Photo by bartsz via Flickr

Aircraft Mechanics

If you’re mechanically inclined and like the idea of working on airplanes, this job might be for you. The Federal Aviation Administration lists the basic requirements on its website, but prepare to to take a series of exams and have a year and a half of practical experience first. The average salary for this job paid $55,230 a year in 2012, according to the BLS.

Auto Insurance Appraisers

Insurance appraisers determine the extent of damage done to a vehicle and whether the company should pay the claim. Appraisers must complete a certificate program in auto damage appraisal to learn how to correctly assess vehicle damage. Appraisers’ annual salaries averaged $59,850 in 2012, according to the BLS.

Commercial Pilot

This well-paying profession is perfect for people who want to fly a helicopter or plane on a more flexible schedule. This includes traffic helicopter pilots, pilots who transport people to the hospital, those who spray crops or other fields with herbicides, and more. Salaries for commercial pilots vary widely, but according to the BLS, the median salary is in the ballpark of $70,000 a year. This career requires a pilot’s license, which may be acquired by working with a private teacher or a civilian or military flight school.

Photo by elias_daniel via Flickr

Petroleum Engineer

Smithsonian Magazine notes that eight of the 10 college majors that lead to high-paying careers have the word “engineering” in them. Petroleum engineers earned an average annual salary of $130,280 in 2012, the BLS reports, making it the most lucrative bachelor’s degree a college student can earn. Other engineering-related college degrees that can lead to high paying jobs include aerospace engineering, electrical engineering, mechanical engineering and mining and mineral engineering.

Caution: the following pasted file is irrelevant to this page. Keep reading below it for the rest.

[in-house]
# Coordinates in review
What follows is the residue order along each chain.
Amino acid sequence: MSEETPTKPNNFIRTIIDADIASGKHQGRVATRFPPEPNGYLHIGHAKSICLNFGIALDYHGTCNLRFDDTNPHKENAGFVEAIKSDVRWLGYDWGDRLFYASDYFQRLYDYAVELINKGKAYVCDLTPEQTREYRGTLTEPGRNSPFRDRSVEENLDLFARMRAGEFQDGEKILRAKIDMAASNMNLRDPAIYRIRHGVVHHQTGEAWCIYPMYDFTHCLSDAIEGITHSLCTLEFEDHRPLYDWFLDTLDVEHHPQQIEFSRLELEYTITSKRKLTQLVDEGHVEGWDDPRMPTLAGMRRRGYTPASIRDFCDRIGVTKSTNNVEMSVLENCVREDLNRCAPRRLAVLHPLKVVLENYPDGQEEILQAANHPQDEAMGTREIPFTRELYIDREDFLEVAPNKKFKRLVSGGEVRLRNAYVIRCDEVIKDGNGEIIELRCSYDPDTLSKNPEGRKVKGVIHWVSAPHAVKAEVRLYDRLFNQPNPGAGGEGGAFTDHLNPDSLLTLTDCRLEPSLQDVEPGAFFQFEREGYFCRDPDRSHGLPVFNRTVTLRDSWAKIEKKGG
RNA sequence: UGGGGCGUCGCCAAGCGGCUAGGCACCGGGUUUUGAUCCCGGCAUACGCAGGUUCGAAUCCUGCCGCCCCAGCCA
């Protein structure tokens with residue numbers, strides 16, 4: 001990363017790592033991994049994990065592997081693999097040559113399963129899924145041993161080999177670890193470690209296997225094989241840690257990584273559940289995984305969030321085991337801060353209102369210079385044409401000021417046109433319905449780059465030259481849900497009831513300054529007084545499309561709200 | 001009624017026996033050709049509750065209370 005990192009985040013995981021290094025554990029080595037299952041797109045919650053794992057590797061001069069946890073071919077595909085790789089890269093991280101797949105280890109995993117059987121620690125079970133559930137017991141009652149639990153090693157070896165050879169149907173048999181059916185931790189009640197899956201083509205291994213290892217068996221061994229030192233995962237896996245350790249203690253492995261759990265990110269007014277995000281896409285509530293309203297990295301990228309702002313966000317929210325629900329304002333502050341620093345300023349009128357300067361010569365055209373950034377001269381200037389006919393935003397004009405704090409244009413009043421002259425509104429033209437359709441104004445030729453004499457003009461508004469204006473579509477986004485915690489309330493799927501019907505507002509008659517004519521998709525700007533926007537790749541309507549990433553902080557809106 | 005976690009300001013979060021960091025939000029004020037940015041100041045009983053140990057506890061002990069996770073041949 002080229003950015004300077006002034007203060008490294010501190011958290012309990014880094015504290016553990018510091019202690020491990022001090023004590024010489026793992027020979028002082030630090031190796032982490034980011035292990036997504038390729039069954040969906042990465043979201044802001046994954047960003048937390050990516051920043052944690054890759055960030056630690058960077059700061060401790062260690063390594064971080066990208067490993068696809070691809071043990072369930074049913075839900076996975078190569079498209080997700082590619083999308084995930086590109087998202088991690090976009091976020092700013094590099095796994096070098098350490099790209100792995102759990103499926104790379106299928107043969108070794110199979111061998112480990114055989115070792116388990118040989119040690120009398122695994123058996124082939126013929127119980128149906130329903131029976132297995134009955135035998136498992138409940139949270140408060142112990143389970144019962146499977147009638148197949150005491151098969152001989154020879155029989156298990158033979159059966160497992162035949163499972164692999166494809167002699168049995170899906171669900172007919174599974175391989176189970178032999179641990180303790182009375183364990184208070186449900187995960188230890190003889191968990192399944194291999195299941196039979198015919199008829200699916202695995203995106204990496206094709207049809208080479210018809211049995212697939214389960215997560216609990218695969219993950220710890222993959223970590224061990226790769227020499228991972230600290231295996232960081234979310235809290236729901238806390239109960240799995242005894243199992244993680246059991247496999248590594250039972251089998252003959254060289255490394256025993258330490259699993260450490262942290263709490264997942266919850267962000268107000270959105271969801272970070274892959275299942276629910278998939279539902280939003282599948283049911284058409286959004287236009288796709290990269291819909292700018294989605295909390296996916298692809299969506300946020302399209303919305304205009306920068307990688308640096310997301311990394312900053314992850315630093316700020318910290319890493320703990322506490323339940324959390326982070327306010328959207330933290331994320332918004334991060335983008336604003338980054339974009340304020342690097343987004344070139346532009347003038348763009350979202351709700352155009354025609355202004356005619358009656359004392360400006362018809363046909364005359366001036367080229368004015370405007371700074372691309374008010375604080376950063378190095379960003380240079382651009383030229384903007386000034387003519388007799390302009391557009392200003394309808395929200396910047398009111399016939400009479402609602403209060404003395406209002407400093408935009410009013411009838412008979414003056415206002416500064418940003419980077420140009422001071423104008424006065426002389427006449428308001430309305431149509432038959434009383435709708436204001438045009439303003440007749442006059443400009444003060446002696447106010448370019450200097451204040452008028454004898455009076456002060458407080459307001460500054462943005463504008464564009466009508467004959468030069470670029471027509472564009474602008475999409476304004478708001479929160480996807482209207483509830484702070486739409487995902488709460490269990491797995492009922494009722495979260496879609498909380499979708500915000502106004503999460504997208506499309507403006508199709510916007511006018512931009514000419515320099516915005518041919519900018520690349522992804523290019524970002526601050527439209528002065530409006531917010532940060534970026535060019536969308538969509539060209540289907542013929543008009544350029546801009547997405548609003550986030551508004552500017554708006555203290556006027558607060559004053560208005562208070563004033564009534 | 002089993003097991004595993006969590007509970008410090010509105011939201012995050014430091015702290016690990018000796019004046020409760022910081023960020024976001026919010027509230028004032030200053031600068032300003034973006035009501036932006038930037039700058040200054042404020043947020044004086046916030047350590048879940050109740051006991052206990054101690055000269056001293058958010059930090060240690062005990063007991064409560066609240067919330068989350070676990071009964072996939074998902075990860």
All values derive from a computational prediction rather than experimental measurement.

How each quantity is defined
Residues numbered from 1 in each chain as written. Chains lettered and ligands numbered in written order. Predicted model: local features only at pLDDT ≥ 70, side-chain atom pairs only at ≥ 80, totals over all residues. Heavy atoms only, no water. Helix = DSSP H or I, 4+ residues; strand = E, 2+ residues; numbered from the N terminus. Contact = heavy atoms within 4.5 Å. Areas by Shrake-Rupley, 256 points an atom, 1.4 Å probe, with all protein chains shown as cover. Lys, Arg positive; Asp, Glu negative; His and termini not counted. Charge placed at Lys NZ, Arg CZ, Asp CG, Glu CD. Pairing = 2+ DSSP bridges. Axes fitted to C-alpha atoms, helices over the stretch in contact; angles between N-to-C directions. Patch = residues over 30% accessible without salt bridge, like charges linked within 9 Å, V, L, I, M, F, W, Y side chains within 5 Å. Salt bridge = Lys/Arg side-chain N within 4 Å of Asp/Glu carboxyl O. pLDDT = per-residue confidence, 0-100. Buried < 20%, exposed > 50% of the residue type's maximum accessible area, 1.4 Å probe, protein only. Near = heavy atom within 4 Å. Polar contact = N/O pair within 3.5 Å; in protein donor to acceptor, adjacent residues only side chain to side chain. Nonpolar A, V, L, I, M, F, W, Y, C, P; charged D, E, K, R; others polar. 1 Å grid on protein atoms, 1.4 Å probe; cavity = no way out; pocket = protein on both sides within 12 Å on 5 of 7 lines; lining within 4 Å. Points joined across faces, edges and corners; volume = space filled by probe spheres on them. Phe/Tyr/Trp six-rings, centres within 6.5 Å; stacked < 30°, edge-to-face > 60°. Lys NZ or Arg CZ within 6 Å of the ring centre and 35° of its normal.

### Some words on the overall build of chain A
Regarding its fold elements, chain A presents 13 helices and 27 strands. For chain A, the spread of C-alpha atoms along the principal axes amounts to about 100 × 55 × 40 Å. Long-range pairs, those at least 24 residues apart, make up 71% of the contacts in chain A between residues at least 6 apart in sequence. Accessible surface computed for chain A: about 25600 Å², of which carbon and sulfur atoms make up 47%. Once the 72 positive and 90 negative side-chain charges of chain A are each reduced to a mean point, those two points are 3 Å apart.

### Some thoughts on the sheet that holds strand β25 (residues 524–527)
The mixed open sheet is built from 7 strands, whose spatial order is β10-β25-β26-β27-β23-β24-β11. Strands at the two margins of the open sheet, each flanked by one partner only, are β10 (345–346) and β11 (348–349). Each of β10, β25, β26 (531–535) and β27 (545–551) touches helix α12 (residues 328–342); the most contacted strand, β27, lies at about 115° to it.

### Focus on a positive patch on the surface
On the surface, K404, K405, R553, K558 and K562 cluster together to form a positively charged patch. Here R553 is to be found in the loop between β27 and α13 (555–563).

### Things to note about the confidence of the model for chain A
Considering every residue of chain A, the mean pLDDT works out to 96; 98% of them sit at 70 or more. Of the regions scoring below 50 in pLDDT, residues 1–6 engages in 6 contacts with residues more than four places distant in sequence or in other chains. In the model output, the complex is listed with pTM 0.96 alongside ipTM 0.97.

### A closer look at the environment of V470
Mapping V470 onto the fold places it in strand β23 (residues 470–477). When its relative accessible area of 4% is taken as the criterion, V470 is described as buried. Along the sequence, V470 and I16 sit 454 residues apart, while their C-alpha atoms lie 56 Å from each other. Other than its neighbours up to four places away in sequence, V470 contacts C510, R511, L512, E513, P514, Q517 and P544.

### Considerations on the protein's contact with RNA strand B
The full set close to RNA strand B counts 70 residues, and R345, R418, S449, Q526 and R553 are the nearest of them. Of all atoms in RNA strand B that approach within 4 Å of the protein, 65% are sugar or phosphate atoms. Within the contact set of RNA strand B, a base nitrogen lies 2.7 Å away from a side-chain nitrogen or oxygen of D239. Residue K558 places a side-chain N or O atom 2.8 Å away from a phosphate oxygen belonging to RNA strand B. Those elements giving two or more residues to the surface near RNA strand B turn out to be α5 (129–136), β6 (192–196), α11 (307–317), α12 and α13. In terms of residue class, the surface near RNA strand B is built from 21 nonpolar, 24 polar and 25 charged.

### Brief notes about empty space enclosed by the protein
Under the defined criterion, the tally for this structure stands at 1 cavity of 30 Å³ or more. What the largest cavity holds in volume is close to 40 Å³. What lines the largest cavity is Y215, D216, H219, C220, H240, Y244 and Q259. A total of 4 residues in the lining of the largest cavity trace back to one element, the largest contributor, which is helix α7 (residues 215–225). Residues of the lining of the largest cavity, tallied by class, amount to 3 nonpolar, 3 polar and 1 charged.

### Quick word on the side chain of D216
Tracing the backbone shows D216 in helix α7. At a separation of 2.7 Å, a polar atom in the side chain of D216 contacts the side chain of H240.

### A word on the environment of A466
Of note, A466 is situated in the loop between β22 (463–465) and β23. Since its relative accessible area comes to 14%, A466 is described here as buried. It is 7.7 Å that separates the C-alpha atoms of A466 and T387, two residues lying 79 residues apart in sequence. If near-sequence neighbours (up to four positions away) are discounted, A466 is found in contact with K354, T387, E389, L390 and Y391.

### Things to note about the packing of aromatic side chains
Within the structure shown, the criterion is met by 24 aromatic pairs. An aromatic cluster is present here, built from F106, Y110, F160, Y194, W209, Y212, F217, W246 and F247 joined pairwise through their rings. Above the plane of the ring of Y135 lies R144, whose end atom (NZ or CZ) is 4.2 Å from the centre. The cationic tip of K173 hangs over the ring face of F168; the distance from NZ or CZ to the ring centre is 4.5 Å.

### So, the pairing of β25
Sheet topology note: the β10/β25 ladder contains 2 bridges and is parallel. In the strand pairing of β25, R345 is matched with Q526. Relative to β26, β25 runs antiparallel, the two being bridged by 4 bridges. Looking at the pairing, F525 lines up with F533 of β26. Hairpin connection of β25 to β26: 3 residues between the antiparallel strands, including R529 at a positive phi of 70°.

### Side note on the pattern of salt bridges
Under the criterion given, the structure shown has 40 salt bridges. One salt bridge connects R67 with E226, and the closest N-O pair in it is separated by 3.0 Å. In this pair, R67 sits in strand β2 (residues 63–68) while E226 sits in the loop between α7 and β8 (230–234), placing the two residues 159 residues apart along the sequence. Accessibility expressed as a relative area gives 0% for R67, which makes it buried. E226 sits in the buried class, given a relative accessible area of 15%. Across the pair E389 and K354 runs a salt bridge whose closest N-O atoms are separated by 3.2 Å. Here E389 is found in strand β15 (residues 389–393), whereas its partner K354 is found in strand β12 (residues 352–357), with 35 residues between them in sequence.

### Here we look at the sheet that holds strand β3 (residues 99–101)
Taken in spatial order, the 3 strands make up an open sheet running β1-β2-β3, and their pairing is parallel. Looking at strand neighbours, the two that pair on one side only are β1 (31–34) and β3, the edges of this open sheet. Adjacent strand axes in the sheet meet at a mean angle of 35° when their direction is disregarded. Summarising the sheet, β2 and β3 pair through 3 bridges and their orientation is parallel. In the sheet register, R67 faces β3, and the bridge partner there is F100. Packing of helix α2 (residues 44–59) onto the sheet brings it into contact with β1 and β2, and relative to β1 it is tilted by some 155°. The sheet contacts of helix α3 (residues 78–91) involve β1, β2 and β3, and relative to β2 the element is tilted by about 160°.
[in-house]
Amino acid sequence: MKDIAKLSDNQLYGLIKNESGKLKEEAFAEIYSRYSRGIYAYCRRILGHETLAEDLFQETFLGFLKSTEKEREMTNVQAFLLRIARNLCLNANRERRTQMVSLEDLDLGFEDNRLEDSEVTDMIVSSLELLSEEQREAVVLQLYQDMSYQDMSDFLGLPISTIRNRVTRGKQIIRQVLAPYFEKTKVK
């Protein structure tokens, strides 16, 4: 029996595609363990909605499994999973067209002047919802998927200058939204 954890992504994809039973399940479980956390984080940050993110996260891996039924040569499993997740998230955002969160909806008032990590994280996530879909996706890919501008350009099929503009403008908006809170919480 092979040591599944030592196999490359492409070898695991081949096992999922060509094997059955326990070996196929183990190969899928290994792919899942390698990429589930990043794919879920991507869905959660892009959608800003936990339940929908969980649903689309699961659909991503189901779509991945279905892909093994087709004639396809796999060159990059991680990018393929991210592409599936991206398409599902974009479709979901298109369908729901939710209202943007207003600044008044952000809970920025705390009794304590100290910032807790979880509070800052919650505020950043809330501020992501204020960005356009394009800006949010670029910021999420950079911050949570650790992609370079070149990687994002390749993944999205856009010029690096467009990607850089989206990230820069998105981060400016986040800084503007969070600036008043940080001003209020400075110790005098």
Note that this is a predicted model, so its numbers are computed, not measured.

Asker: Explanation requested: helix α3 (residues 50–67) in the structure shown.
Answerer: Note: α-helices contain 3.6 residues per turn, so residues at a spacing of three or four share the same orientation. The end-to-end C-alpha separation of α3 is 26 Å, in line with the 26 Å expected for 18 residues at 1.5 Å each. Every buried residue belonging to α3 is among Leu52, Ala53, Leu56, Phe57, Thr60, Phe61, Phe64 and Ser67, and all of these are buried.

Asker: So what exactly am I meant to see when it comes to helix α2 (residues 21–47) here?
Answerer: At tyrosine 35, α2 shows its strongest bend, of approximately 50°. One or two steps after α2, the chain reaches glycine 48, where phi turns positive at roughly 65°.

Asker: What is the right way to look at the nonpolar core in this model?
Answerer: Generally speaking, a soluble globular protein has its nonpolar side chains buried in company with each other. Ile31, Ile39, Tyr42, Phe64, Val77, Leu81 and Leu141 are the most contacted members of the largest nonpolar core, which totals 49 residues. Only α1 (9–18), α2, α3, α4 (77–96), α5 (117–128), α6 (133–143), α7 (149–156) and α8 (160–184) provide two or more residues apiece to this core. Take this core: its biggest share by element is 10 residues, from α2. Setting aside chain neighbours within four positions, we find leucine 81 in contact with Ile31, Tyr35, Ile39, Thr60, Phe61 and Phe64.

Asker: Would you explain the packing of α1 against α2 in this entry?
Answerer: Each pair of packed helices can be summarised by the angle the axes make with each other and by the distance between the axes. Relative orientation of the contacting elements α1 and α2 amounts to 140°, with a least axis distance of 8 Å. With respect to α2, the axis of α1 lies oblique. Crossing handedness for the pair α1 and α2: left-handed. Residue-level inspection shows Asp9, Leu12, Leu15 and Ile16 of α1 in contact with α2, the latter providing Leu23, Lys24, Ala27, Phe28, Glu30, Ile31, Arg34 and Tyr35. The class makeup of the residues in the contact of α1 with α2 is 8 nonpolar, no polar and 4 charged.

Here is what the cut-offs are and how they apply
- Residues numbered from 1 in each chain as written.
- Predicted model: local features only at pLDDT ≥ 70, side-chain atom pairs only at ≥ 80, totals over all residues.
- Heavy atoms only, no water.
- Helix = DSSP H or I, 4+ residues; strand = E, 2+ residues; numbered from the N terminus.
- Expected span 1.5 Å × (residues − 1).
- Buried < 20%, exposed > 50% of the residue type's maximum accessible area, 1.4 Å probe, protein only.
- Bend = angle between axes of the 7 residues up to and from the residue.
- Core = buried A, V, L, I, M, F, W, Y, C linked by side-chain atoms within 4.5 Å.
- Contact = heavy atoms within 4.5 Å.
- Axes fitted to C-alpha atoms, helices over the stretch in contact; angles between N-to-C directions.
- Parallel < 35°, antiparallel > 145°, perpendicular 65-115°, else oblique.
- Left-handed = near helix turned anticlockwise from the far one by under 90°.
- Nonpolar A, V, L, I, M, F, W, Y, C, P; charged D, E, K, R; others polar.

Teens Seeking a Fit Look or a Competitive Edge Turn to Steroids

A recent study by the University of Missouri and Columbia University about teenager’s use of steroids brings much needed public awareness to the health issue and reveals some interesting role reversals among boys and girls.

Out of 2,793 middle and high school students questioned, the study showed more and more girls are using steroids, protein shakes and over the counter products trying to bulk up. About 4% of the girls in the study said they use steroids, compared to almost 6% of the boys. Contrast that to the traditional aspirations of teenage girls to be ultra-thin and there seems to be a shift in what adolescent girls perceive as attractive. Although attaining a “fit” look rather than an emaciated one seems healthier as fewer girls are starving themselves or binge eating, it’s really no better because now they are turning to other unhealthy methods of achieving their desired look.

Likewise, an alarming percentage of boys revealed they wrestle with body-image insecurities, which has typically been associated with girls. Seeing muscle bound males in movies, TV shows, and commercials are fueling the dissatisfaction with boys, many who are not athletes participating in weight training and rigorous exercise but who are seeking the same athletic look.

As the study suggests, there is a substantial population of teenagers who from early adolescence are at risk of using unhealthy muscle-enhancing behaviors to achieve the appearance of being “fit”.  And, it’s not only about appearing fit for many. It’s about enhancing “performance” in sports by using anabolic steroids to gain a competitive edge to teammates and help their teams win at any cost.

Anabolic steriods are artificially produced hormones that are similar to androgens, the male-type sex hormones in the body. The risks associated with the use of anabolic steroids include anger, aggression, depression, paranoia, delusion, sleep problems, nausea, skin problems, high blood pressure, greater risk of muscle and tendon injury, liver damage, urinary problems, shortening of final adult height, and increased risk of heart disease, stroke and certain types of cancer.  Also, specifically for boys, they risk testicular shrinkage, breast development, impotence and sterility.  And, for girls, increase facial hair, menstrual cycle changes, and development of masculine traits like a deeper voice and smaller breasts, are common.  Some might argue steroids are more dangerous to teens than alcohol or marijuana.